Tristan und Isolde

Steven Sloane
Opera North Chorus and Orchestra
24 February 2001
The Lowry Manchester
Recording Type
  live  studio
  live compilation  live and studio
TristanMark Lundberg
IsoldeSusan Bullock
BrangäneAnne-Marie Owens
KurwenalJohn Wegner
König MarkeDonald McIntyre
MelotChristopher Booth-Jones
Ein junger SeemannPeter Bronder
Ein HirtPeter Bronder
SteuermannDominic Burns
The Guardian

Opera North achieved equal wonders with its semi-staging of Tristan und Isolde, sung in German in the cavernous and richly civic splendour of Cuthbert Brodrick’s Town Hall. Opened in 1858, the same year Wagner was putting the finishing touches to the score of Tristan, it might have been built for the occasion.

The space had been imaginatively transformed, with orchestra and conductor obscured behind a black gauze, sometimes in darkness, at others (especially when the music demanded) eerily illuminated. Despite a back injury, Steven Sloane elicited a finely etched performance, though at times the languorous speeds threat ened to defeat all concerned.

This expansive tempo worked in the pulsating climax of Act II and in the preludes, but felt all too ponderous in Tristan’s extended soliloquy in the following act, when he yearns to die and curses the potion which brought about his downfall. In the libretto, this exposition seems to occupy only a few lines. Seeing it on stage, it’s hard to understand quite how it manages to take him so long that eventually we join in his yearning.

Mark Lundberg saved his voice for this challenge delivered largely supine from his theatrical sick-bed. If not yet fully expressive, he nevertheless negotiated the notes successfully in this most tiring of roles. Donald McIntyre, a great Wotan in his day, brought simple dignity to King Marke, with John Wegner (Kurwenal) and Anne-Marie Owens (Brangane) also outstanding. Keith Warner’s direction was intelligent and full of rewarding detail.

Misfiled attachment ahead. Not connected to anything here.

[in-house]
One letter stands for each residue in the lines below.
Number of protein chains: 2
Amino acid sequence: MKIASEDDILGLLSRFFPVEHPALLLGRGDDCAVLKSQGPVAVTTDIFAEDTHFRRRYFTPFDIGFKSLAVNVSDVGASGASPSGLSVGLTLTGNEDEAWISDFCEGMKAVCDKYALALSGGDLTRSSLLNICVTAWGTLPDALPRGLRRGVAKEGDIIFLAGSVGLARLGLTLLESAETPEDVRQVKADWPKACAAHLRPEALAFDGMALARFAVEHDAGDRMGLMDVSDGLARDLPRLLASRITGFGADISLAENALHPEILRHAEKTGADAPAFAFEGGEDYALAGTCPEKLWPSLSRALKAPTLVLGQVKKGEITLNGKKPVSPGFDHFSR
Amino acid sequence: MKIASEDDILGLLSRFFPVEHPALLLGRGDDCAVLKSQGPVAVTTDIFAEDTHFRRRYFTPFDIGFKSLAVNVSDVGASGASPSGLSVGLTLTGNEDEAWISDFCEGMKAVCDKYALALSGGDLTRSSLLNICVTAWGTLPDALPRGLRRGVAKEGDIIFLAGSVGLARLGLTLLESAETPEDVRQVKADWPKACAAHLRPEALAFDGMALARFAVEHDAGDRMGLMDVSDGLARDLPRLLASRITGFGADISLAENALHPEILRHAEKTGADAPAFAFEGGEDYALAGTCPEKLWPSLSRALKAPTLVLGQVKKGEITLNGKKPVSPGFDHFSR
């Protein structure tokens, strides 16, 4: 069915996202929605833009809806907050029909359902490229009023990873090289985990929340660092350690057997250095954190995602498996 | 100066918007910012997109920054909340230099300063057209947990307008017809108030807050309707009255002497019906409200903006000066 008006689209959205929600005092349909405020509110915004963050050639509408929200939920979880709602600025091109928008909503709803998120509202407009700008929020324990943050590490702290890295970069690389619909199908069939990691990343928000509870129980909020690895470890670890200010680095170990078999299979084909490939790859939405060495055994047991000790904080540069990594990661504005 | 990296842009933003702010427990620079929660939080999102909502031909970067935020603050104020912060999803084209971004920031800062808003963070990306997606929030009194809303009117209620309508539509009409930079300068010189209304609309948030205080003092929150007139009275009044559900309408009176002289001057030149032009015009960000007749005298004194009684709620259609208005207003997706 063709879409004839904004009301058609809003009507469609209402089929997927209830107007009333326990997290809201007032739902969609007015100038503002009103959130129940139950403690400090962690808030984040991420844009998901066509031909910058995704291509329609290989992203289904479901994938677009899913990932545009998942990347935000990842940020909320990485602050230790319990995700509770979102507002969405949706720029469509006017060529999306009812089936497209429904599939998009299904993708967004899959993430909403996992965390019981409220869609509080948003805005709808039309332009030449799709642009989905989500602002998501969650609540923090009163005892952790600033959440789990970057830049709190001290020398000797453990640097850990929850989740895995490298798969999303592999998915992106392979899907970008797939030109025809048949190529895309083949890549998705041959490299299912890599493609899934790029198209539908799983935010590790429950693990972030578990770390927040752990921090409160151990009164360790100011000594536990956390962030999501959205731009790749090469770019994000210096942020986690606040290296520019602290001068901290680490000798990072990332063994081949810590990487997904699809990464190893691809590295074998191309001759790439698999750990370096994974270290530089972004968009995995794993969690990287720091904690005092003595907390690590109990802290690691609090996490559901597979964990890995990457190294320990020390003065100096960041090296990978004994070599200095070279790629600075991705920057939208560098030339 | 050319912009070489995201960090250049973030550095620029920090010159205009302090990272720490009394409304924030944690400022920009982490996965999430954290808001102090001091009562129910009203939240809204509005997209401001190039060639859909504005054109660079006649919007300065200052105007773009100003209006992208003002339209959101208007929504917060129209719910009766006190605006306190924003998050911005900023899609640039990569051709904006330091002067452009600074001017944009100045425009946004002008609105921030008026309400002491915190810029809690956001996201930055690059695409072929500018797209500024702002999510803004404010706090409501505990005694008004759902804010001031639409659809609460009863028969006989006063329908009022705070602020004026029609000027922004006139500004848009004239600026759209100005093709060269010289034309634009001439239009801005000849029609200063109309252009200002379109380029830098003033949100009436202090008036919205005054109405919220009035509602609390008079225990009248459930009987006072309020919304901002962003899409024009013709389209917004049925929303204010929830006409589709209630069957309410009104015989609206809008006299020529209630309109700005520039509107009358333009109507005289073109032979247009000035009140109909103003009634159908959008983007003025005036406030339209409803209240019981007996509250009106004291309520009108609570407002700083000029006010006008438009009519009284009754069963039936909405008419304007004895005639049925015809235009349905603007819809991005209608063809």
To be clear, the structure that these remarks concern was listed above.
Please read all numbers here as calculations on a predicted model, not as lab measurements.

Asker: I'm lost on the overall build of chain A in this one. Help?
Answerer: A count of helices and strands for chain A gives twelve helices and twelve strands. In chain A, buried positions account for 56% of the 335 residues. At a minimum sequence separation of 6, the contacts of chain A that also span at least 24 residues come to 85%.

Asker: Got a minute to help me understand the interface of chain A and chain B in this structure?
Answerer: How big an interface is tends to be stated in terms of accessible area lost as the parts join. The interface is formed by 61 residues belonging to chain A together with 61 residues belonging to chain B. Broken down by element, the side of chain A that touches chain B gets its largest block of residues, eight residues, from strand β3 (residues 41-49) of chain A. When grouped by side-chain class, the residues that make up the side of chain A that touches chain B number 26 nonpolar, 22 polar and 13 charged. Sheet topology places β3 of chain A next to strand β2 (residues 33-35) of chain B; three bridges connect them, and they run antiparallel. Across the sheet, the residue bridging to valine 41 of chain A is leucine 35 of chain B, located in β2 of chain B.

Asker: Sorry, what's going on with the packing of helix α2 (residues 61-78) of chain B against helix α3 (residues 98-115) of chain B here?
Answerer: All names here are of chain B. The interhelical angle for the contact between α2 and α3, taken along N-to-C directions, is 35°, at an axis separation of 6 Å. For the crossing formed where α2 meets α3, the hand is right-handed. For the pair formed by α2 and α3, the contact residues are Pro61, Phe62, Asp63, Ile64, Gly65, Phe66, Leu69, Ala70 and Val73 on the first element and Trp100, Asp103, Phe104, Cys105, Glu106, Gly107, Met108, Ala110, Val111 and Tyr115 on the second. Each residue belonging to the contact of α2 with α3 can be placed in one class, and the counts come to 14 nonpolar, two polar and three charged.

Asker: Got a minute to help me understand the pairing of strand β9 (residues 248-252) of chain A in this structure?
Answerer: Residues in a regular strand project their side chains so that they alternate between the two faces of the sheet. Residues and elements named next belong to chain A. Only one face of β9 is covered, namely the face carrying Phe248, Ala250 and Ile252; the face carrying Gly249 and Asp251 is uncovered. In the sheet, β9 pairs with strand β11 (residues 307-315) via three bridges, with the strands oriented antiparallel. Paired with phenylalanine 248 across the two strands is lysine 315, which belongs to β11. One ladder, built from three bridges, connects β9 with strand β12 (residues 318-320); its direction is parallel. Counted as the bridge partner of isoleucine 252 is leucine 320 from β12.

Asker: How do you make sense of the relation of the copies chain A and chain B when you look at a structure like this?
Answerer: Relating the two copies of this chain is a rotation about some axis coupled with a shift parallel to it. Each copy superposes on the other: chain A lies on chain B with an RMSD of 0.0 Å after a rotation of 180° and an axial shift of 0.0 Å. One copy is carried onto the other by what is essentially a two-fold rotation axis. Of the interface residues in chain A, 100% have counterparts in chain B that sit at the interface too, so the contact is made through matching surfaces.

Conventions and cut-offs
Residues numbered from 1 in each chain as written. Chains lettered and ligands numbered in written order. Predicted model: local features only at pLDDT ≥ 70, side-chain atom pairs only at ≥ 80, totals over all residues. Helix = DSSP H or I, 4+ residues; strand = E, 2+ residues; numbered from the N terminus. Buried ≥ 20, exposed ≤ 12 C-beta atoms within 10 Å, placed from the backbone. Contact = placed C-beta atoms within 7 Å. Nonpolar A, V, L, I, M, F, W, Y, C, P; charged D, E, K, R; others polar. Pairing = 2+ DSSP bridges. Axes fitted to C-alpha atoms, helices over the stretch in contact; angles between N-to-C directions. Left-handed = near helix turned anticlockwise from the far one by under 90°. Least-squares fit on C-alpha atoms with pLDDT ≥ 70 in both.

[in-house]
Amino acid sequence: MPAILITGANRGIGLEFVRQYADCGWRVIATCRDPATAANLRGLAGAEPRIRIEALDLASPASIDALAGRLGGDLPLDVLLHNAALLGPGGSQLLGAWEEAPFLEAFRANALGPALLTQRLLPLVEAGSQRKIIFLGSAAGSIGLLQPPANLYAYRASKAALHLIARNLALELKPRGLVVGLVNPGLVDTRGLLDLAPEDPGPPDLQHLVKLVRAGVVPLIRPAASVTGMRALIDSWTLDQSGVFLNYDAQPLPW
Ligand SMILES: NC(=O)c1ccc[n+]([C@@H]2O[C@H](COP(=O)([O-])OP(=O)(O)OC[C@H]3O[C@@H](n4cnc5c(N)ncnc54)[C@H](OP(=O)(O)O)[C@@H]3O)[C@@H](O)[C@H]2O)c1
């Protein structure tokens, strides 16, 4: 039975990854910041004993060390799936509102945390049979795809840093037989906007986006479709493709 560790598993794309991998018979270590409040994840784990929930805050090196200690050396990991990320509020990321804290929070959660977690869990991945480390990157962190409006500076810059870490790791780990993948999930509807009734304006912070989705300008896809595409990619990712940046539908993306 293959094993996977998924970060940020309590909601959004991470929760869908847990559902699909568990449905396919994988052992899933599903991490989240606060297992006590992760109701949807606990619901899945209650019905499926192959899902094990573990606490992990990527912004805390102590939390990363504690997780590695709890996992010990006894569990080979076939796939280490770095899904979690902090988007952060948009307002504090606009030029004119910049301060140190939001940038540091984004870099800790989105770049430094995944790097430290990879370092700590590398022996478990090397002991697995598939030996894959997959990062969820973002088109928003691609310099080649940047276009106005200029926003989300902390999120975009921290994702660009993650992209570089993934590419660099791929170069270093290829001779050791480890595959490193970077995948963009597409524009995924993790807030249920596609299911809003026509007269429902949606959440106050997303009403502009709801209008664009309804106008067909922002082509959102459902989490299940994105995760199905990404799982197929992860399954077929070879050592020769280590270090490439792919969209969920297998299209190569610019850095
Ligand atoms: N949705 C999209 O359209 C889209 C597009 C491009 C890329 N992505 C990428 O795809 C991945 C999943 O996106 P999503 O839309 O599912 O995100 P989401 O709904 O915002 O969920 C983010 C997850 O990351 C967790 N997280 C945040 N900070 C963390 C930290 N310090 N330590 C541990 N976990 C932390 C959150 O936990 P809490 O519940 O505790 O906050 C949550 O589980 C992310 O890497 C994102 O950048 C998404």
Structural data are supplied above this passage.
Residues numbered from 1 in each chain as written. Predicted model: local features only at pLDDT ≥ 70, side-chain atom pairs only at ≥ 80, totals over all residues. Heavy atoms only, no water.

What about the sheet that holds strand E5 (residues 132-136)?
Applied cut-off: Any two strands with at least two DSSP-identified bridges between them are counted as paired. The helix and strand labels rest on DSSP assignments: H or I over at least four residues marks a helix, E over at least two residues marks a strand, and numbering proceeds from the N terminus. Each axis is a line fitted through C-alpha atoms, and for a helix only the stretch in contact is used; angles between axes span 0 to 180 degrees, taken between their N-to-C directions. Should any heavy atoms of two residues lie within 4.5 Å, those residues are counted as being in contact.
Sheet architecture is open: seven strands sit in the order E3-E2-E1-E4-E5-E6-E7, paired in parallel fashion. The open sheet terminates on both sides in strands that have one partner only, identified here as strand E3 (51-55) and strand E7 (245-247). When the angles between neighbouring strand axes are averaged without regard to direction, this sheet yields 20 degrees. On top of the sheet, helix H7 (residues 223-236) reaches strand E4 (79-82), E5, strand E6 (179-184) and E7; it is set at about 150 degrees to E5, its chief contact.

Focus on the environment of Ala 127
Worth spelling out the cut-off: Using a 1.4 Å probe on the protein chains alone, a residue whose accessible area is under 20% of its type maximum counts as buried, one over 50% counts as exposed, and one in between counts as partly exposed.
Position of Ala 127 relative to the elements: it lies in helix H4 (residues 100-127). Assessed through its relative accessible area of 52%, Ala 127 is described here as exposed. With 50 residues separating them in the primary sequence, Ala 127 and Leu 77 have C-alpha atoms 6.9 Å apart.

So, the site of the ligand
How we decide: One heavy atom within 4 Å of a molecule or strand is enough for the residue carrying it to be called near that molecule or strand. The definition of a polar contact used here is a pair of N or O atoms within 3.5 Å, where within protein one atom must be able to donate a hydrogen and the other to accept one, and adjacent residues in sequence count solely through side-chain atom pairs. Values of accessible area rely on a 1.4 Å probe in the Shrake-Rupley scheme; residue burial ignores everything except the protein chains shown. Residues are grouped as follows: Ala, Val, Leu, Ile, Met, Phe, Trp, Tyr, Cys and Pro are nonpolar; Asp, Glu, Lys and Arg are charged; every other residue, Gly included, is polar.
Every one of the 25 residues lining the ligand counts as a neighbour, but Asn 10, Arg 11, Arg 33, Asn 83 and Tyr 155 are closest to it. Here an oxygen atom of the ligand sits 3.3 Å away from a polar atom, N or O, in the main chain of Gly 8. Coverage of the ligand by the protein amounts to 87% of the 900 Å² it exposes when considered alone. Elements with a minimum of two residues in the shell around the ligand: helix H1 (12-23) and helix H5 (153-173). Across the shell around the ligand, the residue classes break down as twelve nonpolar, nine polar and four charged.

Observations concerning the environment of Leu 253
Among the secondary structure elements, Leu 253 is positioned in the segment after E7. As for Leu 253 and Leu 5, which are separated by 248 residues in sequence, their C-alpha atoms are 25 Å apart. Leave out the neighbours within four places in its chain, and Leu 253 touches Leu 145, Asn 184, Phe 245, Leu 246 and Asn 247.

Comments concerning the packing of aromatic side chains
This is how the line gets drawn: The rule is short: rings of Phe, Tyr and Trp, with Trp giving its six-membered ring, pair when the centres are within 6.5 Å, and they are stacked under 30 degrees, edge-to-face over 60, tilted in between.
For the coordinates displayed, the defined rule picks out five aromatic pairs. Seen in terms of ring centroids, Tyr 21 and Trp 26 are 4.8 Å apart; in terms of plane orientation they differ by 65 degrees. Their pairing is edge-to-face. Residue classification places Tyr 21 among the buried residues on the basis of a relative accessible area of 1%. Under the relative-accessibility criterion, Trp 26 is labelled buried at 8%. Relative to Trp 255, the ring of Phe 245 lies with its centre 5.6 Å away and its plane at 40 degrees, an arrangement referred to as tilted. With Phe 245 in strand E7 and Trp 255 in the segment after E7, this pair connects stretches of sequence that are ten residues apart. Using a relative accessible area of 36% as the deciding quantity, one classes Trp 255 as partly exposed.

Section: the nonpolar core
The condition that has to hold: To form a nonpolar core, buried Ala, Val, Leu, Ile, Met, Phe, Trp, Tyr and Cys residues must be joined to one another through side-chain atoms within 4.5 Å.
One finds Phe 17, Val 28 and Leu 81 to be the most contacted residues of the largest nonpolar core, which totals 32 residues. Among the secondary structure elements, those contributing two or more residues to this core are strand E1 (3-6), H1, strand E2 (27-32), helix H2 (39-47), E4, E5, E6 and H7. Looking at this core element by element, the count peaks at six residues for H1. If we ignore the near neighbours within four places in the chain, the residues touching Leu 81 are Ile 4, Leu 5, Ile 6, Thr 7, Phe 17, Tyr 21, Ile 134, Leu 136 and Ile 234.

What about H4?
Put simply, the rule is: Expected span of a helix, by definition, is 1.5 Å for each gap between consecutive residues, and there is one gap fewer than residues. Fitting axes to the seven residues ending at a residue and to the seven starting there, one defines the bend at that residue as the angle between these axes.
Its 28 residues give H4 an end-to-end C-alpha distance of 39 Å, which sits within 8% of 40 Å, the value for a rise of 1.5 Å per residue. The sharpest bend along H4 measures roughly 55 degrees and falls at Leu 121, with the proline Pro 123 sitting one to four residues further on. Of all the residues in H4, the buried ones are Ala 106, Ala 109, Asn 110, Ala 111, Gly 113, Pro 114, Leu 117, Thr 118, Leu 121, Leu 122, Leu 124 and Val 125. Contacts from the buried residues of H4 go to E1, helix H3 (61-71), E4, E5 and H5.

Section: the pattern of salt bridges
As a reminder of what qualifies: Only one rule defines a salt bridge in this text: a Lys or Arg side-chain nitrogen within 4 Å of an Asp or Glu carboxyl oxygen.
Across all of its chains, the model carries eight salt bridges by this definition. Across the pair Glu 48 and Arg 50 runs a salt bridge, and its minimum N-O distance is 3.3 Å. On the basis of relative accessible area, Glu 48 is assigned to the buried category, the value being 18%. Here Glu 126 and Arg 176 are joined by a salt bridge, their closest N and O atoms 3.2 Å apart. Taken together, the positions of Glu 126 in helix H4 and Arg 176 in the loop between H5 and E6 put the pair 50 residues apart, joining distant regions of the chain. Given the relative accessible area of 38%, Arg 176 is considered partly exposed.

Unhindered by surtitles (a topic on which I am equivocal since their value depends on context, musical style, acoustics, singers’ diction and other variable), the opera gravitates back to the musicians, allowing the score to tell the story. The real star was the English soprano Susan Bullock singing her first Isolde, without strain or difficulty. There is nothing her voice cannot master. She can also convey the various facets of this perverse, maddening, impassioned woman.

Four performances remain (in Leeds and on tour). See if you can find five-and-half hours or so to spare. Isolde may be none too bright (and Tristan’s a match for her in that as well) but love is not the province of the brainy. In Susan Bullock’s performance she has what Dante called l’intelletto d’amore, the learning that is love itself.

Fiona Maddocks | 4 February 2001

The Telegraph

Despite a heart-breaking number of empty seats, Opera North’s Tristan und Isolde proved a tremendous success. Adequately staged by Keith Warner on the platform of the magnificent barrel-vaulted Leeds Town Hall, it was distinguished by Steven Sloane’s silkily warm and fluent conducting, which fell short only in its failure to screw the mounting tension of Act 3 sufficiently tight. Susan Bullock’s voice may lack the blade and the beauty of the ideal Isolde, but she gives a reading of admirable musicality, intelligence and skill, enunciating the text with an understanding that goes beyond clarity of diction.

Mark Lundberg sang Tristan securely and tirelessly: there wasn’t much in the way of characterisation, but one must be grateful for anyone who can hit and hold the right notes.

Glorious singing from Anne-Marie Owens as Brangane, the sterling Kurwenal and Marke of John Wegner and Donald McIntyre, and the committed playing of the English Northern Philharmonia, all contributed to a fine performance, received with enthusiasm by a raptly attentive audience. But why provide librettos without any light to read them by? Why not provide surtitles? In fact, why sing it in German at all?

Rupert Christiansen | 30 Jan 2001

User Rating
Media Type/Label
Technical Specifications
320 kbit/s CBR, 44.1 kHz, 526 MByte (MP3)
In-house recording of a semi-staged performance
A production by Keith Warner